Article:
Markets in the US closed lower on Thursday on profit taking, despite strong economic data. Claims for jobless benefits declined in the week ended 25th December to the lowest level in two years. Applications for unemployment assistance fell by 34,000 to 388,000 last week, breaking the 400,000 level for the first time since July 2008. Besides, businesses expanded this month at the fastest pace in two decades and pending home sales climbed in November for the fourth time in five months. The data signals that the economic recovery will gather strength in 2011.
The Dow fell 15.67 points (0.14%) at 11,569.71. The S&P 500 shed 1.90 points (0.15%) to 1,257.88. The Nasdaq lost 3.95 points (0.15%) to 2,662.98.
Some Asian markets are closed today, while those that are open mostly higher in early trade today. Positive economic indicators from the US supported the gains. Markets in Japan, South Korea, Indonesia, and Malaysia are closed for the New Year holidays.
The Shanghai Composite surged 0.88%, the Hang Seng rose 0.39%, the Straits Times added 0.37% and the Taiwan Weighted gained 0.43%. The SGX Nifty, which had a subdued opening, gained 9 points at 6,136 from its previous close of 6,127.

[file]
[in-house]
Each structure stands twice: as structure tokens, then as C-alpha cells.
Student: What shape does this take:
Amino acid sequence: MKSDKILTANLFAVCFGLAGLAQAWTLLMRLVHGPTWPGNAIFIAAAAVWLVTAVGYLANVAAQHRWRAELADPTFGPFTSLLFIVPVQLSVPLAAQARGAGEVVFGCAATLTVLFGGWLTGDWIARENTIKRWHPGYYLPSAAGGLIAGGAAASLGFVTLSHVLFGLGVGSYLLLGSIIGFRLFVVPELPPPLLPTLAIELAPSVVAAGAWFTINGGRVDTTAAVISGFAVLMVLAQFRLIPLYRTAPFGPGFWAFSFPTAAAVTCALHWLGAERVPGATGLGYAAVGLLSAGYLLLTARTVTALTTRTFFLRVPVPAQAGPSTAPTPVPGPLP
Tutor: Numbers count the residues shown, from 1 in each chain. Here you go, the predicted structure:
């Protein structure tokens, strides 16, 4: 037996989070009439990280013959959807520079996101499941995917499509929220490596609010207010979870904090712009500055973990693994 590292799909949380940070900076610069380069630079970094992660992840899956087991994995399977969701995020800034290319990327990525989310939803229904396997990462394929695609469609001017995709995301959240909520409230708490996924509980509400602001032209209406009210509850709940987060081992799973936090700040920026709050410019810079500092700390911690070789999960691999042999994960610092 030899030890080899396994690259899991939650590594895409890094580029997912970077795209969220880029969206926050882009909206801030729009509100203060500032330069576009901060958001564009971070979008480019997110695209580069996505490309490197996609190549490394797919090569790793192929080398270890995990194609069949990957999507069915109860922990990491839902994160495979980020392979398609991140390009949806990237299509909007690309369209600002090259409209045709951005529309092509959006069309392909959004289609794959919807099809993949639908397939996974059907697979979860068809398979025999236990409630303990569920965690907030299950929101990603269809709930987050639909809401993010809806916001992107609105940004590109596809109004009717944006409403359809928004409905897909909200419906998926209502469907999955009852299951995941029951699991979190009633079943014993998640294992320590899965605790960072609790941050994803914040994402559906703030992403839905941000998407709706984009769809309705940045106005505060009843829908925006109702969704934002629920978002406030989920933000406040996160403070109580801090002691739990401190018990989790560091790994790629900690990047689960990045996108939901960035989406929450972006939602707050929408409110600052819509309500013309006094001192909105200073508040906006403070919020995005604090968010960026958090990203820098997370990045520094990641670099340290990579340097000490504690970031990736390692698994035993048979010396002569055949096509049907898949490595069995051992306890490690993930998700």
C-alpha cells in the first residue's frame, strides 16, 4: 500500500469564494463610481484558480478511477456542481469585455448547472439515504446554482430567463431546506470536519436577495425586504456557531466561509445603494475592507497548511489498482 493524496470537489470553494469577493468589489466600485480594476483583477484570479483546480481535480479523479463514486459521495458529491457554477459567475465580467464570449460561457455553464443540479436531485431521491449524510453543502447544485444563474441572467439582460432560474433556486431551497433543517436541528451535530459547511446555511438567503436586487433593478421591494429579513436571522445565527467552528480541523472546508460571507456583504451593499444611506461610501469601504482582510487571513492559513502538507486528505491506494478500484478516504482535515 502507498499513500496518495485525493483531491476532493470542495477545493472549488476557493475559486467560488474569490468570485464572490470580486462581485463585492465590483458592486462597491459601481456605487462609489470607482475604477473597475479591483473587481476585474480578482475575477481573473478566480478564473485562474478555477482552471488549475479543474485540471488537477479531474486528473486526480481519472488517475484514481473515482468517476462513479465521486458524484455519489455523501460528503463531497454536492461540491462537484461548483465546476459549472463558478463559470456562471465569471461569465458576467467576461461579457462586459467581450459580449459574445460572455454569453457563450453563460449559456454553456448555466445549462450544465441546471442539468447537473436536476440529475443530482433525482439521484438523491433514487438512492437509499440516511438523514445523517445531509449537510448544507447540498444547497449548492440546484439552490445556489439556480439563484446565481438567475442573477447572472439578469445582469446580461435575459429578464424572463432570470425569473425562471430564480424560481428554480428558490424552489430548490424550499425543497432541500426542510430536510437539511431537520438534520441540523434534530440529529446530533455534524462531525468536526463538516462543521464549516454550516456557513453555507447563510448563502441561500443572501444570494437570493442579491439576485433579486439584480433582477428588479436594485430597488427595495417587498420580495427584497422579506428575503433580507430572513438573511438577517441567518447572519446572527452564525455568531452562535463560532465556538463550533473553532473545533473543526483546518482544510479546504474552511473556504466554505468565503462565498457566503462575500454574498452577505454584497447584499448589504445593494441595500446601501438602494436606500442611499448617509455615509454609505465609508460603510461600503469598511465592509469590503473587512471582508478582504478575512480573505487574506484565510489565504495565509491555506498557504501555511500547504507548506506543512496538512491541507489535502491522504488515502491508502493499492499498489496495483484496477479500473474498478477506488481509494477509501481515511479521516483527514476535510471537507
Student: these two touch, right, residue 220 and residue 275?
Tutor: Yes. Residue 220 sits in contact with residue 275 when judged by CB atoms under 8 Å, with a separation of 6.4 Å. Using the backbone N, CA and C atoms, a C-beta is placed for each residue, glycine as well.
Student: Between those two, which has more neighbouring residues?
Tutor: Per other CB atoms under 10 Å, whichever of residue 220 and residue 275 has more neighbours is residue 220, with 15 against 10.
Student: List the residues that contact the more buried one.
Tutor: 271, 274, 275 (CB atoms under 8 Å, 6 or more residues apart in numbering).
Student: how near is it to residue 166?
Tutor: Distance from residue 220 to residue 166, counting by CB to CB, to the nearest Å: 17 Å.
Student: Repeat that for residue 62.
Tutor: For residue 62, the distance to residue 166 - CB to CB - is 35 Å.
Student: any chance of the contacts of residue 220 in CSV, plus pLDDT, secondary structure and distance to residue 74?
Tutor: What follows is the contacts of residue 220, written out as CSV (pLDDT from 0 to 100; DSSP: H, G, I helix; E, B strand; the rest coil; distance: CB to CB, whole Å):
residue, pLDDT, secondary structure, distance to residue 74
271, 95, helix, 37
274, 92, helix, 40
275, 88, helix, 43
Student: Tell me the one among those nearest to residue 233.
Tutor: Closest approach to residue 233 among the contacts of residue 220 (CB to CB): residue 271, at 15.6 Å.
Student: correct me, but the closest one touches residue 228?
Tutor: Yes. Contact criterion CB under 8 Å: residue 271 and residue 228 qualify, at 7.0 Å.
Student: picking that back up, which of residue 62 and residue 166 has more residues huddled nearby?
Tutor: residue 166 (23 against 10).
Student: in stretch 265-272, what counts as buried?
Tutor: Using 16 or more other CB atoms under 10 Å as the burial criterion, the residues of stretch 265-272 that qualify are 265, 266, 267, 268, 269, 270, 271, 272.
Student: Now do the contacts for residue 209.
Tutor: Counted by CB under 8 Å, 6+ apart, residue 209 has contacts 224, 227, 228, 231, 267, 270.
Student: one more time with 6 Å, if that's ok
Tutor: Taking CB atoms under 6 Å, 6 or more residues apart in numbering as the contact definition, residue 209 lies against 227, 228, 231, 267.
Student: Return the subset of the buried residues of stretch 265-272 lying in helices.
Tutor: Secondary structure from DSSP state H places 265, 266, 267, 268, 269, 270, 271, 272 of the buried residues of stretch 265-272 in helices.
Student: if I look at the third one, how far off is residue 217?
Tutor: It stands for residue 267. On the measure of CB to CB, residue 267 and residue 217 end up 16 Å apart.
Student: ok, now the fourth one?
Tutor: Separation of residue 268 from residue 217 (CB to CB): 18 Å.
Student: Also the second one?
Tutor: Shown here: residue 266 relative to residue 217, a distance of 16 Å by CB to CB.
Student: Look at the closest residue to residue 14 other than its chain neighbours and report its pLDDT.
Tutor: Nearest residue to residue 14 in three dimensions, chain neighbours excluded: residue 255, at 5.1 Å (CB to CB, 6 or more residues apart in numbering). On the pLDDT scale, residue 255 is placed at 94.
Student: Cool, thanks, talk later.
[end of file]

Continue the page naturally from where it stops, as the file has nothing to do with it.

Attributing high food inflation to demand-supply mismatch and rising global commodity prices, the Reserve Bank of India (RBI) on Thursday said high rate of price rise has emerged as a new risk factor.
“Growth has rebounded strongly but inflationary pressures persist, driven both by domestic demand and increasing global commodity prices,” RBI said in its second Financial Stability Report.
Global prices of major commodities, including crude oil, gold, iron ore, silver and farm goods like cotton have risen sharply, while crude oil is trading at two-year high of $92 per barrel.
The report also noted that the structural demand-supply mismatches in several commodities have contributed to high domestic food price inflation. In particular, prices of protein-rich foods like eggs, milk, pulses, meat and fish as well as fruits and wheat in India has been ruling at high levels.